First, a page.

- When selling an S corporation, the taxable profit from the sale of the business may be less than when operating the business as a normal corporation
- Shareholders of S corporations don’t have to pay the self-employment tax on distributions received. These taxes make up more than 15% of your annual income and are used to pay social security and Medicare taxes. However, shareholders of S corporations usually work as employees of the company, and the payroll tax is levied on the compensation of employees
- Because S-Corporation is a pass-through entity, its shareholders may be subject to a pass-through tax deduction as stated under the Tax Cuts and Jobs Act. Between 2018 and 2025, S Corporation shareholders have the right to deduct up to 20% of S Corporation's income but it has many restrictions. For some income groups, the limit observed cannot exceed 50% of the W2 wage paid by the company. S corporation heads work as corporate employees, and this can give them the benefit of deductions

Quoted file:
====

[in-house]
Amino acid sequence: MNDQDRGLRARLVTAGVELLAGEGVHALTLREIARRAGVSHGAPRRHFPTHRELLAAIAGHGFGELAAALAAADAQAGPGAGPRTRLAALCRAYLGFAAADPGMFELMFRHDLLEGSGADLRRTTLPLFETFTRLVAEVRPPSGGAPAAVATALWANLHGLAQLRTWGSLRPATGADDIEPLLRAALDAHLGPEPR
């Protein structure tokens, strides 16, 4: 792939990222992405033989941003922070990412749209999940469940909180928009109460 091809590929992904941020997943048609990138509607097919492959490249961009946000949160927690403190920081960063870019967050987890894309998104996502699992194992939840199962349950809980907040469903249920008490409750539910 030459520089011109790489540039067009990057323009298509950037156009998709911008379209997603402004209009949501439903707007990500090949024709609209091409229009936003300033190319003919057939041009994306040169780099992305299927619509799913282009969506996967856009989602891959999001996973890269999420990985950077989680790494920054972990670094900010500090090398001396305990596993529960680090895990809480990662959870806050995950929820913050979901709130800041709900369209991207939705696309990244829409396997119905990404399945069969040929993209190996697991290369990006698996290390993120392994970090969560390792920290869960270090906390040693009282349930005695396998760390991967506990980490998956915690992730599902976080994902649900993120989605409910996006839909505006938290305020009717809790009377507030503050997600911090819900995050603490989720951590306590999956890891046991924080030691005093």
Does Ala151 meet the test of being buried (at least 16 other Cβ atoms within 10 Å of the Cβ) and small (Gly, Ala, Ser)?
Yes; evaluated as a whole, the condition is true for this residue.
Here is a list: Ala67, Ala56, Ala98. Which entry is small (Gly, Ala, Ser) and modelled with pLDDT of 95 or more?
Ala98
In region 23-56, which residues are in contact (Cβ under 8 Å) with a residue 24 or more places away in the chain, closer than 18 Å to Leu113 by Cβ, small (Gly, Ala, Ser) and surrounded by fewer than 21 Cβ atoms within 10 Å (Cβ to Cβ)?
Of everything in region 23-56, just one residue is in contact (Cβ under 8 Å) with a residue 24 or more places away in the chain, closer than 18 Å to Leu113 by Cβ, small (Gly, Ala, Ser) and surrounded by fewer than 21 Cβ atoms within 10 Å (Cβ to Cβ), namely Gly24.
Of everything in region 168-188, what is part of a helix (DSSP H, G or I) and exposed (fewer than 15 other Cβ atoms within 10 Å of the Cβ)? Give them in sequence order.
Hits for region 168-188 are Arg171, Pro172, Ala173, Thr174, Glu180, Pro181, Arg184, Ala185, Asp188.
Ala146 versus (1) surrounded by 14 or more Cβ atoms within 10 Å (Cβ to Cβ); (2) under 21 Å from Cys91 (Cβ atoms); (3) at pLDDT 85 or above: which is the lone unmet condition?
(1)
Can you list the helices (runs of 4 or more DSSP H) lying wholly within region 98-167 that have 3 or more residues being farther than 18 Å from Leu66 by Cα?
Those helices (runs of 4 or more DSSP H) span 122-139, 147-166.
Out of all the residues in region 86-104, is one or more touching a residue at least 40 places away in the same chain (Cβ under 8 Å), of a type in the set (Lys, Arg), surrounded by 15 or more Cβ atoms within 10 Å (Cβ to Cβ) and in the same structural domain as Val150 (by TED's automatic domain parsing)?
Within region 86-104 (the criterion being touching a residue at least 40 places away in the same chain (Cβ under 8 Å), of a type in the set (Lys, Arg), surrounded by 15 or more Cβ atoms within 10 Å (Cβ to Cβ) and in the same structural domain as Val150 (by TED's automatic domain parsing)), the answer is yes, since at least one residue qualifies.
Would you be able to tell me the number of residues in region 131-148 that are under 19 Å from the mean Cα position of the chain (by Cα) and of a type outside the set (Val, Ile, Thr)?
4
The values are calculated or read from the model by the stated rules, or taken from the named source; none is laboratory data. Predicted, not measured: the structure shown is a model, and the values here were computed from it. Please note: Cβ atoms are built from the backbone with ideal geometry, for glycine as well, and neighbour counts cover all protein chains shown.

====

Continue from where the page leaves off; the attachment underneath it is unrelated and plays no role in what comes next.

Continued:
S Corporation and Its Strict Requirements
Some certain important rules and restrictions need to be followed in S Corporations, which are:
- Each shareholder of S Corporation must be a US citizen or resident
- The profit and loss of S corporation can only be distributed in proportion to the interest of each shareholder to the corporation
- Shareholders of S Corporation may not subtract the corporate losses that exceed the “base” of the company's shares. This is the amount adjusted or deducted from the shareholder's investment in the company
- Under S Corporation, the employee shareholders who have more than 2% of the ownership of the corporation, cannot be eligible to pay for the cost of fringe profits